ASC: Convicted Ponzi scammer permanently banned from capital market

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Calgary (November 25, 2020) – The Alberta Securities Commission (ASC) permanently prohibited Edmonton man, Timothy Ray Carruthers, from participating in Alberta’s capital market on November 17, after he was convicted for a Ponzi scheme at the Court of Queen’s Bench of Alberta last year. From January 2009 to June 2017, he defrauded his investors out of more than $5 million claiming to use the money for lucrative short-term bridge financing opportunities. The court heard that he used the funds to finance his lifestyle and to further his fraudulent investment scheme.

According to the commission’s decision, the convicted Ponzi scammer, Timothy Ray Carruthers, is permanently prohibited from participating in Alberta’s capital market. The Alberta Securities Commission (ASC) issued the ban on November 17, one and a half years after his conviction on 22 counts of Fraud Over $5,000.

The Ponzi scheme: Short-term bridge financing scam

Carruther was a financial planner and ran his company Wakina Consulting Inc., which was located in Edmonton. He worked for four financial service companies before he started his own capital market business in 2001. The father-of-four solicited investors – many of whom were acquaintances, neighbors, relatives, and past co-workers – to participate in an investment involving bridge mortgage financing.

He persuaded his victims by telling them that bank managers had approached him with borrowers in need of short-term bridge financing. The fake investment was supposed to be a joint venture as he would also be investing. The loan was supposed to be running for less than one year and would be financed by Wakina using funds provided by the investor and Carruthers. He also told investors that their money would be secured by caveats or liens registered on the title of both the home being sold and the home being purchased by the borrower.

None of this was true. During his trial, the court heard that he forged land title certificates, T5s, profit-and-loss statements, and other documents throughout the scheme.

While some of the funds were used to continue the fraud, most of the money raised was misappropriated for personal use, including ‘opulent’ vacations, a diamond ring worth more than $40,000, payment of his daughters’ credit card bills, a Porsche, and almost $500,000 in paycheques to his wife who did not work for him or Wakina. Carruthers filed for his third bankruptcy after the inevitable collapse of his Ponzi scheme.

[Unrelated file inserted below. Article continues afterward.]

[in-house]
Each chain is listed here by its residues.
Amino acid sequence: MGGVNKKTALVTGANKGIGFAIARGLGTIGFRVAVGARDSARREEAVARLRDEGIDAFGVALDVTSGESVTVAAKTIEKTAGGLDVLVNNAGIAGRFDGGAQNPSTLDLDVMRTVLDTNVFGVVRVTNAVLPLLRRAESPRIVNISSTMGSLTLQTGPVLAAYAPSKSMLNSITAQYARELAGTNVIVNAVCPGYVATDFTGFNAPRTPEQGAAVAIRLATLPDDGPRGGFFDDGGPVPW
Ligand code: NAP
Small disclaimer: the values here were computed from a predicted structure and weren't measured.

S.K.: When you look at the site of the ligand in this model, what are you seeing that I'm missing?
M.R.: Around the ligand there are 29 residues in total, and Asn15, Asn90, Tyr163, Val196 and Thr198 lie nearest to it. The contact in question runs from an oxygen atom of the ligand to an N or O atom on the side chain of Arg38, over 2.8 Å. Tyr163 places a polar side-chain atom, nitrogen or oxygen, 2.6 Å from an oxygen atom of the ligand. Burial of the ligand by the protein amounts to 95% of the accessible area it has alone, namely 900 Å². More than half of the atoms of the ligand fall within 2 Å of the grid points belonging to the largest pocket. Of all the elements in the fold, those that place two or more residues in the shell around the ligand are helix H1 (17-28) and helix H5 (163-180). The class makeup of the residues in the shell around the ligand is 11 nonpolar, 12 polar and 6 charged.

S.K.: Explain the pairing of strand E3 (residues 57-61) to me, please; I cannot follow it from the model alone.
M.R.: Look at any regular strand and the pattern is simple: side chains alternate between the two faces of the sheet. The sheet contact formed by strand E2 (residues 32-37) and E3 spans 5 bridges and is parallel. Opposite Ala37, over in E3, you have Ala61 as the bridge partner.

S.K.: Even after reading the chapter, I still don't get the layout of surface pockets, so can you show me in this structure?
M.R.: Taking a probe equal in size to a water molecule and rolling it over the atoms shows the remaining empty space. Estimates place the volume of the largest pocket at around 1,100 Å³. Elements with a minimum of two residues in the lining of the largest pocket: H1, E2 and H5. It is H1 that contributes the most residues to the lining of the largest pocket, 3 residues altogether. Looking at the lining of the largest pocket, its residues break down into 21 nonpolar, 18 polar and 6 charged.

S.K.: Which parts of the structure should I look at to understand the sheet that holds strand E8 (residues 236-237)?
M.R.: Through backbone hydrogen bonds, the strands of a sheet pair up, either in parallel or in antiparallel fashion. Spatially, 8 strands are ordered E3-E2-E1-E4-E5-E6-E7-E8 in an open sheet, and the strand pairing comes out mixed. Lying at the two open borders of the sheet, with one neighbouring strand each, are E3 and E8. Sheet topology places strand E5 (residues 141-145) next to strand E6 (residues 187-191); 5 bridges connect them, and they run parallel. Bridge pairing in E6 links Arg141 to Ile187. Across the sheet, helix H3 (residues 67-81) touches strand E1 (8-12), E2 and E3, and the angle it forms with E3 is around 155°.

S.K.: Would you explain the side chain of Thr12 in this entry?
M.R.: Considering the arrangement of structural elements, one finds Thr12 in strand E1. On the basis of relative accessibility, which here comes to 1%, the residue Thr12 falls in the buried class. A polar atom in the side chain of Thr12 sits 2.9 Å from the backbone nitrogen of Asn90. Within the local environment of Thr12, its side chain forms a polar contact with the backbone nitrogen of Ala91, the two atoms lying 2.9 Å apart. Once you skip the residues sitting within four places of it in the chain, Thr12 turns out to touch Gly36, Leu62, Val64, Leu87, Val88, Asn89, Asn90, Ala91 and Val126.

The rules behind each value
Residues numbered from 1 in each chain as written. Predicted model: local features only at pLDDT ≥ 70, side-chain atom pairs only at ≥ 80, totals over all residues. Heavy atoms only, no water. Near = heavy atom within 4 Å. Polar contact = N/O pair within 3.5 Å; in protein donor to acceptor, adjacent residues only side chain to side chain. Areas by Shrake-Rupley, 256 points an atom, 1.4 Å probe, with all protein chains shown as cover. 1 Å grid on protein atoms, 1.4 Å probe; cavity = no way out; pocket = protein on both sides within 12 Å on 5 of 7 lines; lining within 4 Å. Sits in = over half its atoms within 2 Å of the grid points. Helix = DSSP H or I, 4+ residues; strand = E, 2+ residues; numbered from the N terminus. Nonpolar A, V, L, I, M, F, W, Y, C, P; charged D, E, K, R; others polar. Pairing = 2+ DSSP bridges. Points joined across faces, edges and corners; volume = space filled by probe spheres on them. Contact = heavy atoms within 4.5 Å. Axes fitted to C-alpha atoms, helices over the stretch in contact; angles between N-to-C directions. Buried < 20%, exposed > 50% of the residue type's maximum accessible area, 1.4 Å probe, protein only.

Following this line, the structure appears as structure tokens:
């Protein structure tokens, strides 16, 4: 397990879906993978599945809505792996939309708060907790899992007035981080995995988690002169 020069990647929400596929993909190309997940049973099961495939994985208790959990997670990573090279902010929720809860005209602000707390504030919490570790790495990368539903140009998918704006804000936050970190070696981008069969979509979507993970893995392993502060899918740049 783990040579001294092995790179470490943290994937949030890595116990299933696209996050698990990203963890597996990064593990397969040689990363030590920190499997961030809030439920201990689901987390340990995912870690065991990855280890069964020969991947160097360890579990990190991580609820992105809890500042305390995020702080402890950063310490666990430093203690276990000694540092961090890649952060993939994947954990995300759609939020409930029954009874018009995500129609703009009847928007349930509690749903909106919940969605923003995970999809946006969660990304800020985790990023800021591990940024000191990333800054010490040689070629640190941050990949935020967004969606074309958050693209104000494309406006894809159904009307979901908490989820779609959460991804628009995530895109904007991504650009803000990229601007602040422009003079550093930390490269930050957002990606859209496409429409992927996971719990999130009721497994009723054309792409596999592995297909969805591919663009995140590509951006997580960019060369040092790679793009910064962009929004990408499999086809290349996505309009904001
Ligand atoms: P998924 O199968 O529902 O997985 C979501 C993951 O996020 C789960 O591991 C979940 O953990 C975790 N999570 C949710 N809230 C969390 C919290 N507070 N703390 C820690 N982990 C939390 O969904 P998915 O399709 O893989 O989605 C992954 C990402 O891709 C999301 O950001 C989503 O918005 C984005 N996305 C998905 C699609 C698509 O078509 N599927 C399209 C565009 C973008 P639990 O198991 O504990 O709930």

The Ponzi scammer pled guilty

On February 7, 2019, Carruthers plead guilty to all 22 counts of Fraud Over $5,000. He admitted to knowingly carrying out the fraudulent short-term bridge financing scheme between January 2009 and June 2017. During this time, Carruthers and Wakina received more than $5 million from 22 investors in at least 175 joint ventures.

Court of Queen’s Bench Justice Larry A. Ackerl said the investment scheme had a ‘deceitful nature’ and that Carruthers’ criminal conduct was ‘orchestrated and multi-faceted’, as well as ‘prolonged, considered, and intricate.’

In March 2019, the Alberta court sentenced Carruthers to six years in prison, ordered him to pay restitution for the net financial loss incurred by each investor, and ordered a lifetime prohibition against Carruthers seeking, obtaining or continuing any employment, or becoming or being a volunteer in any capacity, that involves having authority over the real property, money or valuable security of another person.

Permanently banned from Alberta’s capital market

On November 17 of this year, an ASC commission decided to reciprocate his criminal fraud conviction. The regulator has this possibility when a person has been convicted of an offense arising from a course of conduct relating to securities.

The panel found that his convictions indeed arose from a course of conduct related to securities and that it was in the public interest to issue a permanent ban from Alberta’s capital market. The panel pointed out that fraud involving a Ponzi scheme is especially serious. In Carruthers’ case, the fraud exceeded $5 million and most of the money raised was misappropriated for personal use.

‘We found Carruthers’ conduct in relation to several investors particularly odious: he defrauded his daughter-in-law’s grandmother causing her to lose $150,000; he convinced a woman who cleaned his office building to invest her $20,000 inheritance; and he defrauded a family of $50,000 of life insurance proceeds from the death of their child,’ argued the ASC in their decision.

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